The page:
Participating Preferred Stock

Definition of 'Participating Preferred Stock'


A type of preferred stock that gives the holder the right to receive dividends equal to the normally specified rate that preferred dividends receive as well as an additional dividend based on some predetermined condition.

The additional dividend paid to preferred shareholders is commonly structured to be paid only if the amount of dividends that common shareholders receive exceeds a specified per-share amount.

Furthermore, in the event of liquidation, participating preferred shareholders can also have the right to receive the stock's purchasing price back as well as a pro-rata share of any remaining proceeds that the common shareholders receive.

Investopedia explains 'Participating Preferred Stock'


For example, suppose Company A issues participating preferred shares with a dividend rate of $1 per share. The preferred shares also carry a clause on extra dividends for participating preferred stock, which is triggered whenever the dividend for common shares exceeds that of the preferred shares.

If, during its current quarter, Company A announces that it will release a dividend of $1.05 per share for its common shares, the participating preferred shareholders will receive a total dividend of $1.05 per share ($1.00 + 0.05) as well.

Participating preferred stock is rarely issued, but one way in which it is used is as a poison pill. In this case, current shareholders are issued stock that gives them the right to new common shares at a bargain price in the event of an unwanted takeover bid.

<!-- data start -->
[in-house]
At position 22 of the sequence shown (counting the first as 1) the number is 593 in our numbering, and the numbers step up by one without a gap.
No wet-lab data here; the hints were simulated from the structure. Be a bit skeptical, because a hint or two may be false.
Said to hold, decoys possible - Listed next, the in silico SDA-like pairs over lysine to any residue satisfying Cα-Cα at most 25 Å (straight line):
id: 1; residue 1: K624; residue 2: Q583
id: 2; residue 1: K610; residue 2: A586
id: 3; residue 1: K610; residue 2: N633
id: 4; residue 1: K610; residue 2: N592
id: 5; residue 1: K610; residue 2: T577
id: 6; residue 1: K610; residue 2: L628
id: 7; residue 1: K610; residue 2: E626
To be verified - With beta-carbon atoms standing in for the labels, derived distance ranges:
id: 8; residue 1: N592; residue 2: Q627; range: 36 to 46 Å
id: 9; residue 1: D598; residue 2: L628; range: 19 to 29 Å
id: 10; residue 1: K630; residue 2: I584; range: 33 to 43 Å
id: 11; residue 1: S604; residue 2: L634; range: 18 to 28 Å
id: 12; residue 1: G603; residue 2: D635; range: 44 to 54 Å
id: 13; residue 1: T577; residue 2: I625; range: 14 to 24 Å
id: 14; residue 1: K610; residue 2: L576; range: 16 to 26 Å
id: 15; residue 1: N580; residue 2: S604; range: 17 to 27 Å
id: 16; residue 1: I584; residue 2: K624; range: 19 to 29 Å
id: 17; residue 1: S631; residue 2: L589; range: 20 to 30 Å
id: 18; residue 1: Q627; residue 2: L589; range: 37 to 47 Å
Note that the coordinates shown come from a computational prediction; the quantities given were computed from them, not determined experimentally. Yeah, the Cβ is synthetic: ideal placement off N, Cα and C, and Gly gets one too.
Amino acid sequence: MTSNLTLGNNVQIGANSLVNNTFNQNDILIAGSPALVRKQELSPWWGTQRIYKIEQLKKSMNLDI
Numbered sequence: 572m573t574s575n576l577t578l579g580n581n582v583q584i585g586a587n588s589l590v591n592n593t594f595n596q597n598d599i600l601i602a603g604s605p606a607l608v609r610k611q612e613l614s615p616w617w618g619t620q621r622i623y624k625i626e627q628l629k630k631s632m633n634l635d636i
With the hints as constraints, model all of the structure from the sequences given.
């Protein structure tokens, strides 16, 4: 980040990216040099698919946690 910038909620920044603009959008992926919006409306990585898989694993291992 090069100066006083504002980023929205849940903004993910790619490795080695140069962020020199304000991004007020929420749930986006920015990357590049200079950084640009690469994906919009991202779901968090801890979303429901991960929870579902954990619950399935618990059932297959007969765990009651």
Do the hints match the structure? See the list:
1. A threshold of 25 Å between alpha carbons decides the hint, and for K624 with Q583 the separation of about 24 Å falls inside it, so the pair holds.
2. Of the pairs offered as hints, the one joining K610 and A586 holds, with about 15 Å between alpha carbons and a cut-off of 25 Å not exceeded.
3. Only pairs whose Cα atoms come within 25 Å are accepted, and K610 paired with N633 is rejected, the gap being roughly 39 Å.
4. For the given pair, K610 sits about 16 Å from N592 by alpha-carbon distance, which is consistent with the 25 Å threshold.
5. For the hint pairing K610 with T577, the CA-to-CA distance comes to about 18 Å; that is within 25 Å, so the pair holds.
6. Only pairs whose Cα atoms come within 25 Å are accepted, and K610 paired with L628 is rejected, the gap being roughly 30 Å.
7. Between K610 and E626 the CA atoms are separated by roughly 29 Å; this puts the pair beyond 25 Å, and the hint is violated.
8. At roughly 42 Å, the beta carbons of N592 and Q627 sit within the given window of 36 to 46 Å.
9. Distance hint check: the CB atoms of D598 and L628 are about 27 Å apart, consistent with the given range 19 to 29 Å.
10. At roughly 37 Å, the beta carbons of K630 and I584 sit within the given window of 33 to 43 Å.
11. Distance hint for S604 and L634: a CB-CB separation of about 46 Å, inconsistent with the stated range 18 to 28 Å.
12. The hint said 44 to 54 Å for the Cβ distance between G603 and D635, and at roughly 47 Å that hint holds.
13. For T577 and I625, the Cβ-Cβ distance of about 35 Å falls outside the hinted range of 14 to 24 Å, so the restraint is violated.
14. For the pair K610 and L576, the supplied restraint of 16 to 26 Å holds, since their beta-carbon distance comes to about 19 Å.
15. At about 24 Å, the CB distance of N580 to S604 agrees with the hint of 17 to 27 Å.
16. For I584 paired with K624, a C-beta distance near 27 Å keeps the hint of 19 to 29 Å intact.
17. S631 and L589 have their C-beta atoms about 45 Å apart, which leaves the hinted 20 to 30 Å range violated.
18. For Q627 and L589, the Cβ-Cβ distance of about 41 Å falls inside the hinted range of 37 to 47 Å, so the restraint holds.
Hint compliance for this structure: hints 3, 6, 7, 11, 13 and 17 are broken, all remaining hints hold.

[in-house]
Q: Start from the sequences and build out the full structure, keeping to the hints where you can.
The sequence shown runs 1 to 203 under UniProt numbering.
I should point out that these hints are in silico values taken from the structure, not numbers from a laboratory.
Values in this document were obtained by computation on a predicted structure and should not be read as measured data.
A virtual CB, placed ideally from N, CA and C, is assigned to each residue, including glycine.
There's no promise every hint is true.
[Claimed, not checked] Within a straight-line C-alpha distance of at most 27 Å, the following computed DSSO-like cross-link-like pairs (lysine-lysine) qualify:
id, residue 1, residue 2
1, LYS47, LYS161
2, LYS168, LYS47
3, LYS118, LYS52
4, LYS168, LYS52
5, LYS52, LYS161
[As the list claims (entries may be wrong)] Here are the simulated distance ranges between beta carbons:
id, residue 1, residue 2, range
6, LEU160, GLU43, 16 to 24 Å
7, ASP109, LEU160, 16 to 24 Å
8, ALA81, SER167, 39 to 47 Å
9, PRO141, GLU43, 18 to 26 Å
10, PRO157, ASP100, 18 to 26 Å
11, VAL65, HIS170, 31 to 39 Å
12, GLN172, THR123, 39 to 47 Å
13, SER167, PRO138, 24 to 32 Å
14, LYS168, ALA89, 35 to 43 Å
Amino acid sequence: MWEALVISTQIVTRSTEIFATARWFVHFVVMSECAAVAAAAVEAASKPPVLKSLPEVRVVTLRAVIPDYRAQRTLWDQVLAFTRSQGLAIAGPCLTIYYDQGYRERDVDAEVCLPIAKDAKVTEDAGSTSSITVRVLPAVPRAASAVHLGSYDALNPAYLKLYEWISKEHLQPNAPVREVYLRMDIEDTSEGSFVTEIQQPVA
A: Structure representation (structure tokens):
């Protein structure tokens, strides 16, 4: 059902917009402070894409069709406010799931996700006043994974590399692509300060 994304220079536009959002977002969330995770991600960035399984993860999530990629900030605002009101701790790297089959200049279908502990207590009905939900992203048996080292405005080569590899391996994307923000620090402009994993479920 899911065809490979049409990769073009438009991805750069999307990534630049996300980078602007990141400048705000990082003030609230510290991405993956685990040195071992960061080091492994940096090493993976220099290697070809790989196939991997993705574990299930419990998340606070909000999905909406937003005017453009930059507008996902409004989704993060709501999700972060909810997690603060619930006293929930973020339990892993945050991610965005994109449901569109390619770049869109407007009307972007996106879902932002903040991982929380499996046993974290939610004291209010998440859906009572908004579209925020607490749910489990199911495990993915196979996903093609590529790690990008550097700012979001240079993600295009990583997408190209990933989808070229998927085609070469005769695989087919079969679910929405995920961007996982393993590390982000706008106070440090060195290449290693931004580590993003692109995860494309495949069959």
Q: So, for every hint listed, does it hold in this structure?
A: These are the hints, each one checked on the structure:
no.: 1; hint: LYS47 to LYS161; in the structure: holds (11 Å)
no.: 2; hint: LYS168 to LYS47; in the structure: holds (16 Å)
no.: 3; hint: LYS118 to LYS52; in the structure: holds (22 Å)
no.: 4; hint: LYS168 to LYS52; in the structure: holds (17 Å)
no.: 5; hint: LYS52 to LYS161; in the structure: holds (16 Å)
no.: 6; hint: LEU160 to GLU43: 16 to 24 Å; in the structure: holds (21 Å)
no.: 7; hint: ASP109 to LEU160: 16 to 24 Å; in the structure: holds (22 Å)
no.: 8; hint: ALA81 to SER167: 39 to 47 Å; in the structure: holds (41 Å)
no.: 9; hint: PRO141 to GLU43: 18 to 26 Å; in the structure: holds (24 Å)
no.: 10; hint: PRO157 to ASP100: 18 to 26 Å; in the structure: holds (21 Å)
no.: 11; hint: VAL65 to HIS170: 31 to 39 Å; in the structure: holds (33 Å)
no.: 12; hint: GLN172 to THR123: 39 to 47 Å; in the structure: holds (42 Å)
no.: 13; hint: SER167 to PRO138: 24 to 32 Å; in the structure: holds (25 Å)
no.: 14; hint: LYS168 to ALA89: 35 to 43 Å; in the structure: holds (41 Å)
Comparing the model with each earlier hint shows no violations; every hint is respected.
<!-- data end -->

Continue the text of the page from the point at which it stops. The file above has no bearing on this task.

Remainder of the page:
comments powered by Disqus
Hot Definitions
  1. Harvest Strategy

    A strategy in which investment in a particular line of business is reduced or eliminated because the revenue brought in by additional investment would not warrant the expense. A harvest strategy is employed when a line of business is considered to be a cash cow, meaning that the brand is mature and is unlikely to grow if more investment is added.
  2. Stop-Limit Order

    An order placed with a broker that combines the features of stop order with those of a limit order. A stop-limit order will be executed at a specified price (or better) after a given stop price has been reached. Once the stop price is reached, the stop-limit order becomes a limit order to buy (or sell) at the limit price or better.
  3. Pareto Principle

    A principle, named after economist Vilfredo Pareto, that specifies an unequal relationship between inputs and outputs. The principle states that, for many phenomena, 20% of invested input is responsible for 80% of the results obtained. Put another way, 80% of consequences stem from 20% of the causes.
  4. Pareto Principle

    A principle, named after economist Vilfredo Pareto, that specifies an unequal relationship between inputs and outputs. The principle states that, for many phenomena, 20% of invested input is responsible for 80% of the results obtained. Put another way, 80% of consequences stem from 20% of the causes.
  5. Budget Deficit

    A status of financial health in which expenditures exceed revenue. The term "budget deficit" is most commonly used to refer to government spending rather than business or individual spending. When referring to accrued federal government deficits, the term "national debt” is used.
  6. Floating Exchange Rate

    A country's exchange rate regime where its currency is set by the foreign-exchange market through supply and demand for that particular currency relative to other currencies. Thus, floating exchange rates change freely and are determined by trading in the forex market.
Trading Center